We investigate how “top-N percent” policies in college admission affect diversity at the high-school level. It is well understood that these policies produce incentives for students to relocate to schools with weaker competition. We show theoretically that such school arbitrage can neutralize the policy at the college level but may partially desegregate high schools. These predictions are supported by empirical evidence on the effects of the Texas Top Ten Percent Law, indicating that a policy intended to support diversity at the college level actually helped achieve it in the high schools. Thus top-N percent policies may provide a new instrument for the long sought goal of achieving high school integration.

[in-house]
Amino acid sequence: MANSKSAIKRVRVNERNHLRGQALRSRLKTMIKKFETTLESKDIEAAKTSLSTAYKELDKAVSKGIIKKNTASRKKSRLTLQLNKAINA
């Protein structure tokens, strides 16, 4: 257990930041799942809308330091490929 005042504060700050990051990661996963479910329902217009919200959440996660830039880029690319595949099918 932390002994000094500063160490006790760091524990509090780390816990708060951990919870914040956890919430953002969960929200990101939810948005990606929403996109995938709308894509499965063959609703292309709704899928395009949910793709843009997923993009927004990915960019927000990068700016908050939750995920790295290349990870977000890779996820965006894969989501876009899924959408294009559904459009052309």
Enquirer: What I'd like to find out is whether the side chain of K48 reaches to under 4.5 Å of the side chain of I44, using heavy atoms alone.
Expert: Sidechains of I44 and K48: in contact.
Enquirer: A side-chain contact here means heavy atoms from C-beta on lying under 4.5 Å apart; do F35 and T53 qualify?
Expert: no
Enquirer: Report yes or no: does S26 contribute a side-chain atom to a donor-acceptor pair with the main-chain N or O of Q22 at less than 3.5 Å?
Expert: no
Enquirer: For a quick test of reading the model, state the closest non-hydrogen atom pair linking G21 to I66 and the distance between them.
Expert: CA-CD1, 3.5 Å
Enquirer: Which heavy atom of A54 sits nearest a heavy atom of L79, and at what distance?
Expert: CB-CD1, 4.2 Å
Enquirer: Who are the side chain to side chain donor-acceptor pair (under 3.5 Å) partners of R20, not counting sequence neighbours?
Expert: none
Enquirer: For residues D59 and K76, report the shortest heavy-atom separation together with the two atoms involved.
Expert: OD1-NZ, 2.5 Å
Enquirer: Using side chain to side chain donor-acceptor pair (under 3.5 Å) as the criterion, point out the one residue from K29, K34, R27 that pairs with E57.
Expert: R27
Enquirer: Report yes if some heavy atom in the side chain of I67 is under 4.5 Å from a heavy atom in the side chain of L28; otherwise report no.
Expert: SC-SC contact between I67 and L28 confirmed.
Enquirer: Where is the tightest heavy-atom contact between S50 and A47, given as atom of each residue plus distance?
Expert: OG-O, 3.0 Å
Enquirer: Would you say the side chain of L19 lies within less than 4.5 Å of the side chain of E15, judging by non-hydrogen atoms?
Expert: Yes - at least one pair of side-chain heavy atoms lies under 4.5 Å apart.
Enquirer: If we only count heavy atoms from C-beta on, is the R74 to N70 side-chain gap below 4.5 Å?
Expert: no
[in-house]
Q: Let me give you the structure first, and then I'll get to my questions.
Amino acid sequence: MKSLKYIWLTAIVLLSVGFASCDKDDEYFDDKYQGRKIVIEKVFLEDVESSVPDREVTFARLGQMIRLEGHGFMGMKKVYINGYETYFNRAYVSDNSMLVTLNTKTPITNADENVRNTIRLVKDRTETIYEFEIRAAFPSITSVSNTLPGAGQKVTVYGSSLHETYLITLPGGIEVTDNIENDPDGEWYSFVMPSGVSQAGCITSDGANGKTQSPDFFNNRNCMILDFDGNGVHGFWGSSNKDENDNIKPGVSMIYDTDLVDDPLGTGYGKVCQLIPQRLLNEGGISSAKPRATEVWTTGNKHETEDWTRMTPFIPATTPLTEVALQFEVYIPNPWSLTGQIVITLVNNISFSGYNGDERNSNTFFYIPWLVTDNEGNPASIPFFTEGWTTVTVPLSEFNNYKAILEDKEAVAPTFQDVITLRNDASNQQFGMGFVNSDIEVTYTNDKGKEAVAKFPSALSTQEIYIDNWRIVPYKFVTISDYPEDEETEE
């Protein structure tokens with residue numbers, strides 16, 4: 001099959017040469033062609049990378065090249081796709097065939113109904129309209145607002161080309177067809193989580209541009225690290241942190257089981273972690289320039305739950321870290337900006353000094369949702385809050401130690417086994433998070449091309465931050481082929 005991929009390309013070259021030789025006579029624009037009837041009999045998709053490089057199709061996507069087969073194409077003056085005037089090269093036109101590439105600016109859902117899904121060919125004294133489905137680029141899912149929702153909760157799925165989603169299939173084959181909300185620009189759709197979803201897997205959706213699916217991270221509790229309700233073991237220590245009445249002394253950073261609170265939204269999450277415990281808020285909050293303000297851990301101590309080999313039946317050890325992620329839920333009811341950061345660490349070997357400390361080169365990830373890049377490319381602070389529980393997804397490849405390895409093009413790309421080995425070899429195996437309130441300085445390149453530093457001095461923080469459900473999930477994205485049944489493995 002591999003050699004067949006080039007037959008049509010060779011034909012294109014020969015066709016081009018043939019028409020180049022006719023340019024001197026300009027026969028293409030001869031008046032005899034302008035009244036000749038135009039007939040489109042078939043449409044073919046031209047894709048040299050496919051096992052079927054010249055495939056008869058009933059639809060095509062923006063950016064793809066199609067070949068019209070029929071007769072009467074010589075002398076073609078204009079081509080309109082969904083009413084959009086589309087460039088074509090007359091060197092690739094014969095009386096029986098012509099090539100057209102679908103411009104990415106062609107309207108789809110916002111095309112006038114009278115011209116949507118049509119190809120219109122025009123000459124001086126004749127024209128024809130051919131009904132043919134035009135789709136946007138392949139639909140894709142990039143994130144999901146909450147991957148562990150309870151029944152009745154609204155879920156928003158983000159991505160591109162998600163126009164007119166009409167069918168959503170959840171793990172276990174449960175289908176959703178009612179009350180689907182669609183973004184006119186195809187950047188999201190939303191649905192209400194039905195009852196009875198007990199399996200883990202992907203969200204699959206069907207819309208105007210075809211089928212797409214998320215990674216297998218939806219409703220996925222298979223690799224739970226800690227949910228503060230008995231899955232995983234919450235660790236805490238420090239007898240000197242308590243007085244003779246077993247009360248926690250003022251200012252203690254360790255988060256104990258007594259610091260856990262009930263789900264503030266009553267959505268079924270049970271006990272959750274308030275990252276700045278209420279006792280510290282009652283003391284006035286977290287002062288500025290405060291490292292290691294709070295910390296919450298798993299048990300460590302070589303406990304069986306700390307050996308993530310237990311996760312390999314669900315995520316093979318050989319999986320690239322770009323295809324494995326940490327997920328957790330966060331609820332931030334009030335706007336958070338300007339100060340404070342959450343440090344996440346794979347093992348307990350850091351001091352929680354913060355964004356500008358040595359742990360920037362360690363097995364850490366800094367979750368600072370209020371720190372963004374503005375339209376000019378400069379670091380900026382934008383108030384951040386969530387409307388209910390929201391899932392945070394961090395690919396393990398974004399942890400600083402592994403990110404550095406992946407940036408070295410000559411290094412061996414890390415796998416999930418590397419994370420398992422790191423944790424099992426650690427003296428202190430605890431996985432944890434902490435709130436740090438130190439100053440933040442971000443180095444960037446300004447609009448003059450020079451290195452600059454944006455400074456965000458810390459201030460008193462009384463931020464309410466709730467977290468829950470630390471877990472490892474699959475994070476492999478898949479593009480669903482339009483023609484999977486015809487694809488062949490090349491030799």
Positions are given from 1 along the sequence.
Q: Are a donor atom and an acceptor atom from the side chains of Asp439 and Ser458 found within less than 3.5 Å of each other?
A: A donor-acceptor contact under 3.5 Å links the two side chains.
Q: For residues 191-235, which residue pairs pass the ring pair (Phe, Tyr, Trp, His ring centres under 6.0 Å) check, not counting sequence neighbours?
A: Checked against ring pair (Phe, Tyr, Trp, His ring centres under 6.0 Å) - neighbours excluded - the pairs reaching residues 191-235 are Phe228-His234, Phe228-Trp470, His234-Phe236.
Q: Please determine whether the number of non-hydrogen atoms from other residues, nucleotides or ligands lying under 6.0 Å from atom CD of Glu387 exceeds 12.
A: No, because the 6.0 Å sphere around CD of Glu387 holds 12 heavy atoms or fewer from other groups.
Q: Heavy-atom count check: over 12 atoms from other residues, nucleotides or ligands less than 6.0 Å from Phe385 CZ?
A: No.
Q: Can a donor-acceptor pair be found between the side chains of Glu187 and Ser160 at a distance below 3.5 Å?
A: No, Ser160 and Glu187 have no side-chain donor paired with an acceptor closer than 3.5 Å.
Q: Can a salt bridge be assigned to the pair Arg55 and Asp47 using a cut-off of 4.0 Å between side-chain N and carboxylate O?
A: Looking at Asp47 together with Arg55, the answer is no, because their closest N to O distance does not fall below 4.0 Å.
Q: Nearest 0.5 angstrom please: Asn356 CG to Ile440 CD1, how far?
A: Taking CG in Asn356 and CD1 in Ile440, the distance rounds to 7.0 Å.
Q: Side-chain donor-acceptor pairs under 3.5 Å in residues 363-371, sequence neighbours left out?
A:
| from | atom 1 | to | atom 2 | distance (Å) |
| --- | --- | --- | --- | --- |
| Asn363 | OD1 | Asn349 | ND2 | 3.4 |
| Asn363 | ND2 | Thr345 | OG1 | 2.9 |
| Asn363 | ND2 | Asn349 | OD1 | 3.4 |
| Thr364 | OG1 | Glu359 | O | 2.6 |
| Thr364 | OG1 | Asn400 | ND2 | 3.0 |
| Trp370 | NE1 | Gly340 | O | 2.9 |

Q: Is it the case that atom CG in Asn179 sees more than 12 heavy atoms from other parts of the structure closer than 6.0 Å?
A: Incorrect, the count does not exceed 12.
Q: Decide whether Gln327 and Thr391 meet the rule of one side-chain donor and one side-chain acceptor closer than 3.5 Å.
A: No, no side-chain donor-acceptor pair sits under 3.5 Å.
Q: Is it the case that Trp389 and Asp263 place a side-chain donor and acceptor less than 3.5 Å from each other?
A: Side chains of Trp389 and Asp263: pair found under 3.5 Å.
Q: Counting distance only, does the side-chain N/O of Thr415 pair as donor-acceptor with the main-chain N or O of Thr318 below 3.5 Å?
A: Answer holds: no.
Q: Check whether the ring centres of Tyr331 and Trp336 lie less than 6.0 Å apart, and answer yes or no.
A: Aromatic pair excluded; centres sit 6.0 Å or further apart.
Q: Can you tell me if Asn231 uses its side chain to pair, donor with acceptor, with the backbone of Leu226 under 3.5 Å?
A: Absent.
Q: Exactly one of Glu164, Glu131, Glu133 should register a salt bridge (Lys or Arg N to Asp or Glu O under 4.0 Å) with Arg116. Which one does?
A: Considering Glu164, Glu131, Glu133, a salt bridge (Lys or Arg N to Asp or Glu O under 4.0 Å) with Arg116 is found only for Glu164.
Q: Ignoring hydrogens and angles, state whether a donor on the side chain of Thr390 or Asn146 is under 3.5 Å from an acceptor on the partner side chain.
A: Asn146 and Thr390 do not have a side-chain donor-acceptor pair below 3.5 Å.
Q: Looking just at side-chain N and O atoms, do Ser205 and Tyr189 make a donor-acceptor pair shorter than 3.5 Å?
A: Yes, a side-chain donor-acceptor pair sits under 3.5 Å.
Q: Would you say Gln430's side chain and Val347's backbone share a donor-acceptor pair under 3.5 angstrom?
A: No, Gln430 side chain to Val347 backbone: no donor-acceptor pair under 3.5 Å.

(This is an extended revision of a working paper entitled “College Admission and High School Integration”)